In practice, writing projects will be based on real-world genres rather than genres manufactured specifically and exclusively for the writing classroom. Writing, whether academic or public, comes from research. Both academic writing and the best public writing honor this principle, though in different genres. Therefore it is essential to teach sound research techniques, which will be supported by our focus on critical reading.

English Composition I

In Composition I, the focus will be on building the skills necessary for academic research and writing and on introducing the student to the relationships between academic and public writing.

Because there is no such thing as a uniform academic paper, but rather a range of kinds of academic papers whose requirements and goals are determined by each discipline, students will learn not how to write that non-existent academic paper, but rather the conventions of engagement in critical discourse for academic purposes and genres. Our focus will be on teaching research methods, engagement with sources, and what we think of as preparatory writing, leading to a researched argument.

Next, students will study the relationships between academic and public writing—particularly the importance of sound research to all good writing, whether academic or public—and will begin the practice of using their research to produce public genres related to but clearly differing from academic genres.

Meanwhile, students begin to develop cultural and media literacies, particularly with respect to how we are all shaped as political and social subjects by the texts that constitute the environment in which we are all necessarily immersed.

English Composition II

In Composition II, students will work more specifically on becoming citizen critics with 1) a more specific focus on public reading and writing and 2) refined development of political and cultural literacies. Students learn the ways in which knowledges are either included in or excluded from public spheres, develop an understanding of how to participate in civic discourse and activism, as well as the limitations on, opportunities for, and discipline-related approaches to civic engagement in the American political scene.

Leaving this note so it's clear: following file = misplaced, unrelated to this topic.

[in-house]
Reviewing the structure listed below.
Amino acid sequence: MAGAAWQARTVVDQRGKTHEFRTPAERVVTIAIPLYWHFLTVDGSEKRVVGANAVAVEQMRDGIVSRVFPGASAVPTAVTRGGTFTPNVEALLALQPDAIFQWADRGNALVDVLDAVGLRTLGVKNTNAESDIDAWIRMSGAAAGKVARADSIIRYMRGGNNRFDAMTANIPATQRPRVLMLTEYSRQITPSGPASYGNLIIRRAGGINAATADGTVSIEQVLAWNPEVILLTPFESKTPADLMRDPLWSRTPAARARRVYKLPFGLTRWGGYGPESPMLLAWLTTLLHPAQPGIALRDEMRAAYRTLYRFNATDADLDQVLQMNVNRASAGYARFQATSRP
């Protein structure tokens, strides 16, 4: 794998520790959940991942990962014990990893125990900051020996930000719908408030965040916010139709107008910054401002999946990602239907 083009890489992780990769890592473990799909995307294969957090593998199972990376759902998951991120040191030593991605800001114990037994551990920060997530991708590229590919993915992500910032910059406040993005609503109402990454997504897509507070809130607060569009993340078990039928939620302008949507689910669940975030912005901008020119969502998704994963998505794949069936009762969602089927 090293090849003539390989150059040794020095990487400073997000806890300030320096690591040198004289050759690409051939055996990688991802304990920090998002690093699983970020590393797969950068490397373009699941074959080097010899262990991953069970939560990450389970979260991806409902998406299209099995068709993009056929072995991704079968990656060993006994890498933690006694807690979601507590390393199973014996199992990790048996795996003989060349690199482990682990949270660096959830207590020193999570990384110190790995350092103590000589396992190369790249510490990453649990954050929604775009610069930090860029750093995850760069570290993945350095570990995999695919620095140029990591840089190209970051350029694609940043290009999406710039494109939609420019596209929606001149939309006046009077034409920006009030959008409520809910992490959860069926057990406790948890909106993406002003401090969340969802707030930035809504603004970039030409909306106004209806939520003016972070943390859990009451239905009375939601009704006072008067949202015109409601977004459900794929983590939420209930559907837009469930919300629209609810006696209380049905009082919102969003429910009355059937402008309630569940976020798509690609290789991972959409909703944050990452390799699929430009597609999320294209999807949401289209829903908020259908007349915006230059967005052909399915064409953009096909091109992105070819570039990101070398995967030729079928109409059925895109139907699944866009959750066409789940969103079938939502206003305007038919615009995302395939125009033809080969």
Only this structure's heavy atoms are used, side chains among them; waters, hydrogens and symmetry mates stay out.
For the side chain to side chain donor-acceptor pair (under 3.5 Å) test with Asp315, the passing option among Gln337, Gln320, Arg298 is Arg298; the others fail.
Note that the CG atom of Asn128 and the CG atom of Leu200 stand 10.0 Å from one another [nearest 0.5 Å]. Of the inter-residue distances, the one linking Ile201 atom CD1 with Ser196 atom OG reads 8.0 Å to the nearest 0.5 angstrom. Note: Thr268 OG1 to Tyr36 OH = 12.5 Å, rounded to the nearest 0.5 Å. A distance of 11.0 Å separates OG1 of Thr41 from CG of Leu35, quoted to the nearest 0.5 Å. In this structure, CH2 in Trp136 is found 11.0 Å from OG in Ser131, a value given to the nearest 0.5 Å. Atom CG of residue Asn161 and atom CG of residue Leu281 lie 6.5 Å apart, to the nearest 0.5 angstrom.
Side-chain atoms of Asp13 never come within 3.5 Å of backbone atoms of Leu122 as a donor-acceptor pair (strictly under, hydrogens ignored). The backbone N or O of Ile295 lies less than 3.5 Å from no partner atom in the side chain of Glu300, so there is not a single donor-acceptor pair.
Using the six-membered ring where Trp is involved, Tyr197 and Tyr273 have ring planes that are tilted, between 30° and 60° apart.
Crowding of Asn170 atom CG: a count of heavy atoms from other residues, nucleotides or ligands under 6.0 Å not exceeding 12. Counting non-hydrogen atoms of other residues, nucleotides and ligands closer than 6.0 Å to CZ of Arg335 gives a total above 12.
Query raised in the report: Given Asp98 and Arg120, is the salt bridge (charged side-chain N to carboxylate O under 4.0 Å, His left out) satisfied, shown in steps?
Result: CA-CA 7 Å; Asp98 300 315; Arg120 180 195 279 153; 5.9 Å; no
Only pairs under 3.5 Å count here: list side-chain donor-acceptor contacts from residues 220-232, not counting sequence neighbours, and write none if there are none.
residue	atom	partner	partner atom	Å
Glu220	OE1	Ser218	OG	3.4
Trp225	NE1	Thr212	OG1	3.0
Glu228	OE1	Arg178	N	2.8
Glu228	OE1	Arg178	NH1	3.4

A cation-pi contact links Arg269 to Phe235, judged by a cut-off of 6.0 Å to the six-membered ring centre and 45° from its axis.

Students build on the skills established in Composition I, doing more focused research, but now aimed at the production of writing projects in public genres appropriate to particular writing situations.

Student Learning Outcomes
Several students decorating a car for homecoming
UWF students sitting outside on campus

ENC 1101 Student Learning Outcomes

Develop a writing project through multiple drafts

Clearly and effectively communicate your ideas

Apply surface features of writing, correctly identifying patterns of errors

Incorporate appropriate and accurate conventions in terms of research and source citation

Reflect on your writing process through analysis of revision and drafting

 

ENC 1102 Student Learning Outcomes

Clearly and effectively communicate your ideas

Use key rhetorical concepts through analyzing and composing a variety of texts

Evaluate audience and select an appropriate genre and medium based on purpose and context

Select digital environments, media, and genre for production of texts, research, and collaboration

Synthesize and analyze to determine effective integration of sources into writing projects

Composition Program Newsletter
First-Year Writing Awards

ENC 1101 Essay Award Winners

ENC 1102 Essay Award Winners

2017

Anastisija Cumika

Teacher Resource Site

If you need access to the First-Year Composition Teacher Resource eLearning course shells, you may request access by emailing rgarrett@uwf.edu or composition@uwf.edu



Related Pages



Program Contact

Contact Dr. Bre Garrett

Director of Composition
Department of English, Building 50/207
(850) 474-2923
rgarrett@uwf.edu

Tour Our Campus!

Schedule a guided campus tour and visit the University of West Florida today!

Special Event Visits

Apply Now

At UWF, we realize that each student has individual aspirations. That's why we offer a unique educational experience that paves the way for you to impact the world through an exciting career. Ready to start your journey?

Apply Now